Auckland's house building boom continues to ramp up reaching a record high in year to August

The number of new homes being consented in Auckland has hit a record high, with 12,959 new dwellings consented in the region in the August year, according to Statistics NZ.

In the month of August 1298 new homes were consented in Auckland, which was the sixth month in a row that they have exceeded 1000.

The previous annual record for new consents in Auckland was in the year to June 2004 when 12,937 new homes were consented.

"The 2004 peak in Auckland homes consented was mainly driven by growth in the number of apartments," Statistics NZ's Construction Statistics Manager Melissa McKenzie said.

"This new record is also driven by townhouses, flats and units and retirement village units," she said.

Coming on top of the latest migration figures which show the net population gain from migration is steadily decreasing, the latest consent figures suggest some balance between supply and demand could start to be restored in the Auckland market over the next few years.

The biggest concentration of new homes being consented in Auckland is on the North Shore and and in South Auckland, with the Albany Ward leading the way with 303 new consents in August, followed by North Shore Ward 140, Manurewa-Papakura 137, Manukau 118 and Howick 103.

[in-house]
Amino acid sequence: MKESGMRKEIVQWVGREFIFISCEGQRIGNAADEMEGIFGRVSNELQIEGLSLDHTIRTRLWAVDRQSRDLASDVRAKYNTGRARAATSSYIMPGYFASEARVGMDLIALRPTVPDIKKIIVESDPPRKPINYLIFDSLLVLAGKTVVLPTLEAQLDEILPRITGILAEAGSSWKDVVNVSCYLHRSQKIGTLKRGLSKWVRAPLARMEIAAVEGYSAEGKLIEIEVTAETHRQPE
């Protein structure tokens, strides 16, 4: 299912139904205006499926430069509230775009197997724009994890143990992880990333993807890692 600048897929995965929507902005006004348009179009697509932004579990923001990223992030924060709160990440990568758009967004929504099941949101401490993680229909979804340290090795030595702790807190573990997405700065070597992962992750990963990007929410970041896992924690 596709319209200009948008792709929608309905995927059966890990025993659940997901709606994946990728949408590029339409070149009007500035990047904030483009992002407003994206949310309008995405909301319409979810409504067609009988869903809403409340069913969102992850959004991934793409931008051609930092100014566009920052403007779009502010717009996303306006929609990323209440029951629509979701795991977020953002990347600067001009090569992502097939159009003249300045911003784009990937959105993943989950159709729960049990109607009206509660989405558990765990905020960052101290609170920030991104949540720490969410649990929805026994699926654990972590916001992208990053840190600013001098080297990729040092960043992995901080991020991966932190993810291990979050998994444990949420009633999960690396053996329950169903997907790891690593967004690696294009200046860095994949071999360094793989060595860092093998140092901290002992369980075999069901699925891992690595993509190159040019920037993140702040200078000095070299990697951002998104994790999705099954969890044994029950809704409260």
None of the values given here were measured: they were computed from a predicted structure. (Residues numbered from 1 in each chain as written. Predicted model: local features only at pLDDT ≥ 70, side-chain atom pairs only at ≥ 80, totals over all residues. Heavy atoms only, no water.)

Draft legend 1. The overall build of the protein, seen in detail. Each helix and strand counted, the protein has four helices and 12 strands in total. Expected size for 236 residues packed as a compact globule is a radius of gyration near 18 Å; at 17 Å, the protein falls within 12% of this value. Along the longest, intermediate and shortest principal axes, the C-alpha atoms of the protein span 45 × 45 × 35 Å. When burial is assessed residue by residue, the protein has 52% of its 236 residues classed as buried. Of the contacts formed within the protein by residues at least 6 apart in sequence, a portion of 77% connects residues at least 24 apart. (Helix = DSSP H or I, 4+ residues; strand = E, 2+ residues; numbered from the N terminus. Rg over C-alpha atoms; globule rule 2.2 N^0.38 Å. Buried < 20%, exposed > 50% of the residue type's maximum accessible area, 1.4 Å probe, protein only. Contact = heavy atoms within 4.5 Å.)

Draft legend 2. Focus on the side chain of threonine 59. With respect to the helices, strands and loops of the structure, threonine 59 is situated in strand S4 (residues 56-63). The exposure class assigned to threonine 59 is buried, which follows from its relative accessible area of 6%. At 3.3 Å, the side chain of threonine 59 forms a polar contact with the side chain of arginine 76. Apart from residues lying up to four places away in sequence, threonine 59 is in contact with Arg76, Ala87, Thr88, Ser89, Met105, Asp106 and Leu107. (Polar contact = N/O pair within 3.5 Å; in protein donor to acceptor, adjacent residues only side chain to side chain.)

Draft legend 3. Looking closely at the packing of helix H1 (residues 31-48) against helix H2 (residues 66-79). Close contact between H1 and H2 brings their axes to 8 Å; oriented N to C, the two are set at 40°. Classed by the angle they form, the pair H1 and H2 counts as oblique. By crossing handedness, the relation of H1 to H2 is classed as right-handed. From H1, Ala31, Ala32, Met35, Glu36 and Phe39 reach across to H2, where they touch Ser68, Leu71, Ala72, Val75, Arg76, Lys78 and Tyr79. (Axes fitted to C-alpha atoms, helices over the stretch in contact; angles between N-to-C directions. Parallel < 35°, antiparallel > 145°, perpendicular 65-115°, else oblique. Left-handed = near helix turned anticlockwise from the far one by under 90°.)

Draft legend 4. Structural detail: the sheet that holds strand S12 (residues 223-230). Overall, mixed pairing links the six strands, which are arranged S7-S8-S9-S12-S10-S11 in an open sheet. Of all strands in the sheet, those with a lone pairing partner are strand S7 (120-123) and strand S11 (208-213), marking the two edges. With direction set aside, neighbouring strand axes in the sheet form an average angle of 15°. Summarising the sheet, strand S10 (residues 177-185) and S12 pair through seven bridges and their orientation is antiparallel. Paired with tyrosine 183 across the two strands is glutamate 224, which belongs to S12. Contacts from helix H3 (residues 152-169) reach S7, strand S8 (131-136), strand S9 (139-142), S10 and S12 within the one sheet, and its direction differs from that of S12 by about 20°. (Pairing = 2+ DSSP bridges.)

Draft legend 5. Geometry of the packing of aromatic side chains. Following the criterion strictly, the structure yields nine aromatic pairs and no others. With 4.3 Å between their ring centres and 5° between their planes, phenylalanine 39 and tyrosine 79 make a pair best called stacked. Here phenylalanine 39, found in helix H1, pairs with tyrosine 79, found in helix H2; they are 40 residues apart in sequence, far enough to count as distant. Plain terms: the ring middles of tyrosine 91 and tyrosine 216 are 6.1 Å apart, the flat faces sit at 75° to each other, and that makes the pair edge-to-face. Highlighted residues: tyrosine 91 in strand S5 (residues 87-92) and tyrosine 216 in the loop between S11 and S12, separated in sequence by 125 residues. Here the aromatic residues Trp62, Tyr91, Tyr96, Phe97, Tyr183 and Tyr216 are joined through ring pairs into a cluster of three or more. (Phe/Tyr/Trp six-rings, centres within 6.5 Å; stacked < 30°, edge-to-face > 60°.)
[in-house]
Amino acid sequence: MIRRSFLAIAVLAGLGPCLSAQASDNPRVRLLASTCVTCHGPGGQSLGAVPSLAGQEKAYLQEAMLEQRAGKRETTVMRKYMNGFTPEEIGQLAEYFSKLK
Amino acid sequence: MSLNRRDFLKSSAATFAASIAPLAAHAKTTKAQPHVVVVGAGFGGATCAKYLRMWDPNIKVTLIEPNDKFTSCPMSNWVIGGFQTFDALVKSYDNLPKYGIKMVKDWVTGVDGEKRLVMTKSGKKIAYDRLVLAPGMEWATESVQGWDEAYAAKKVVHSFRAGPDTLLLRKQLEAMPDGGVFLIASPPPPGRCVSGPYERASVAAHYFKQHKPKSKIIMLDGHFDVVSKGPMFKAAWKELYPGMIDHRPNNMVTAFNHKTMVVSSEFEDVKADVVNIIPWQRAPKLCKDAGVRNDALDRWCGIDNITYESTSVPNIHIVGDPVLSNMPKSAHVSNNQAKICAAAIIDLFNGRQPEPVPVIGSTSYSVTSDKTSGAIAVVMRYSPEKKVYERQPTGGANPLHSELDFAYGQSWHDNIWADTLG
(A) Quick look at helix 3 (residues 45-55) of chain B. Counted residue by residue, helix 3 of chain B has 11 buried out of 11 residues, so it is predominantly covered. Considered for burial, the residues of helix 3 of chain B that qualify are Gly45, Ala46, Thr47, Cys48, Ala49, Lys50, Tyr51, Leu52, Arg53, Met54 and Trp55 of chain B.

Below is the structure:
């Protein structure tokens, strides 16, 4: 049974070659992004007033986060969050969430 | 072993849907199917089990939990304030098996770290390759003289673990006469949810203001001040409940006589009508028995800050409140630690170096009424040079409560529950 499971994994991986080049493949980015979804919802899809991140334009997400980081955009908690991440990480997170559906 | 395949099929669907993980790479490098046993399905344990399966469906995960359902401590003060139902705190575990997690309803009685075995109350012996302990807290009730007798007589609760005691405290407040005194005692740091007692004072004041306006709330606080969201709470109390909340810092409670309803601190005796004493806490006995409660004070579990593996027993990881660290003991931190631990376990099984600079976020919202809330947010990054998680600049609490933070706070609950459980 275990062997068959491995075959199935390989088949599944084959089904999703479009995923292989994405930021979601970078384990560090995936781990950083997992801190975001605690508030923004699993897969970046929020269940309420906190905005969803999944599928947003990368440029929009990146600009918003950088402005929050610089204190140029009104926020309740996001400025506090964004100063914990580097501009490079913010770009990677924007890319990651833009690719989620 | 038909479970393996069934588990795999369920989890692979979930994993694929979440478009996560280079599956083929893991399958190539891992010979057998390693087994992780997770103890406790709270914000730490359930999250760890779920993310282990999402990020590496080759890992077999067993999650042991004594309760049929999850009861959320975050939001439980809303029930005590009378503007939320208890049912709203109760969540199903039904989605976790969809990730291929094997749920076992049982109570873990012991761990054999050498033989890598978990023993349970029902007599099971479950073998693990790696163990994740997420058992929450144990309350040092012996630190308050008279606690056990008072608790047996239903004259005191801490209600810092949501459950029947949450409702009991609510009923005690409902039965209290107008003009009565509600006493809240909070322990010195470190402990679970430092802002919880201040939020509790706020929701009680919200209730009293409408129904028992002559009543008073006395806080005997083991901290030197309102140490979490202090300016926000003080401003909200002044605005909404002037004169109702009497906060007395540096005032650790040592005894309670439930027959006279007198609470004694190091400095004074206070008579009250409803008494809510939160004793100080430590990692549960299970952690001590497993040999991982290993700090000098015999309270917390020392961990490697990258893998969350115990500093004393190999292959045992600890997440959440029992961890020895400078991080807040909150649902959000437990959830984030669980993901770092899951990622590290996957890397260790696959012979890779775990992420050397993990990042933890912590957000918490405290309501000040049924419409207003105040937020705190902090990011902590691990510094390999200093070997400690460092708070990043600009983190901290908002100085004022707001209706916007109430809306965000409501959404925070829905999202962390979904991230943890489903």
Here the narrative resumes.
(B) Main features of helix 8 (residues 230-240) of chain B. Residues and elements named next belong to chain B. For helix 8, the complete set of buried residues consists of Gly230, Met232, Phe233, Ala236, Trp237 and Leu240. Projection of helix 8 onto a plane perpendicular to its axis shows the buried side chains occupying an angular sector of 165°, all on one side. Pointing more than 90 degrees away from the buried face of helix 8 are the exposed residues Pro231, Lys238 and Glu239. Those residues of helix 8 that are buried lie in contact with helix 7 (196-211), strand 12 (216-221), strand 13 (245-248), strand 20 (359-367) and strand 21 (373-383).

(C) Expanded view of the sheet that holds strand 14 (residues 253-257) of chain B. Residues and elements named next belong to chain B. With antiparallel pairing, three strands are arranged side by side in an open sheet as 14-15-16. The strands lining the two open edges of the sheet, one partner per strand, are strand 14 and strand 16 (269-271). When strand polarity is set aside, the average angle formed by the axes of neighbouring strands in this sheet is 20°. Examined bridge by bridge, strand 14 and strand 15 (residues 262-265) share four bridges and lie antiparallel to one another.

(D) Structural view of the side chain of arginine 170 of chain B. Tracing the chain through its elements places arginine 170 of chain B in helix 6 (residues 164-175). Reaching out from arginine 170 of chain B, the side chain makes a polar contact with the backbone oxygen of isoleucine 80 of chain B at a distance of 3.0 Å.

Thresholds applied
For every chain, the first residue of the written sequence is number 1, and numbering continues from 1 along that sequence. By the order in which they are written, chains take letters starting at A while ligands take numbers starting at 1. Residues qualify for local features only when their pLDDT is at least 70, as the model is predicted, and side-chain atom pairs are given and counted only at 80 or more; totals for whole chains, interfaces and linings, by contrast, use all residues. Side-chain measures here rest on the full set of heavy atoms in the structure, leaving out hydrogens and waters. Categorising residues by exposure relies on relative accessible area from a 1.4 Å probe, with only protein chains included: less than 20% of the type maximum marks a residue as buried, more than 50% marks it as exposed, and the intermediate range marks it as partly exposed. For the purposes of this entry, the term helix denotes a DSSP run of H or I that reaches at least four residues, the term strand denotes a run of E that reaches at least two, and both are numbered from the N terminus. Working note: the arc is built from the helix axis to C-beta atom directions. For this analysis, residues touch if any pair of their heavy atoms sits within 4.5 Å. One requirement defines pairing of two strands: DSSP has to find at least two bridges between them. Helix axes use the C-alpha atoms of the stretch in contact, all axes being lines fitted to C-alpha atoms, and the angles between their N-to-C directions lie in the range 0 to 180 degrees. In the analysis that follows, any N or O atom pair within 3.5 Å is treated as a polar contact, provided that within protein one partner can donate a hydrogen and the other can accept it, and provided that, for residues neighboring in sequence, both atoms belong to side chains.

Outside of Auckland, new consent numbers were up strongly in the Waikato compared to last year but remained relatively subdued in Bay of Plenty, Wellington, Canterbury and Otago (see charts below for the regional trends).

On a national basis, 32,759 new homes were consented in the year to August, which was the highest number for that period since 2004 when 38,344 new homes were consented.

Of the 32,759 new homes consented throughout the country in the 12 months to August, 20,862 were stand alone houses, 5980 were townhouses or units, 4025 were apartments and 1892 were retirement village units.

However while stand alone houses still make up the majority of new homes being consented, the trend is towards more intensive housing, with new houses consented in the 12 months to August down 1.8% comapred to the previous 12 months, while consents for apartments were up 33.9%, and townhouses and units were up 28.3%

Building consents - residential

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73 Comments

There are already thousands of new homes sitting empty all across the country. Maybe the reserve bank will have to get the banks to up their lending to support it all. Sounds a bit like Ireland to me.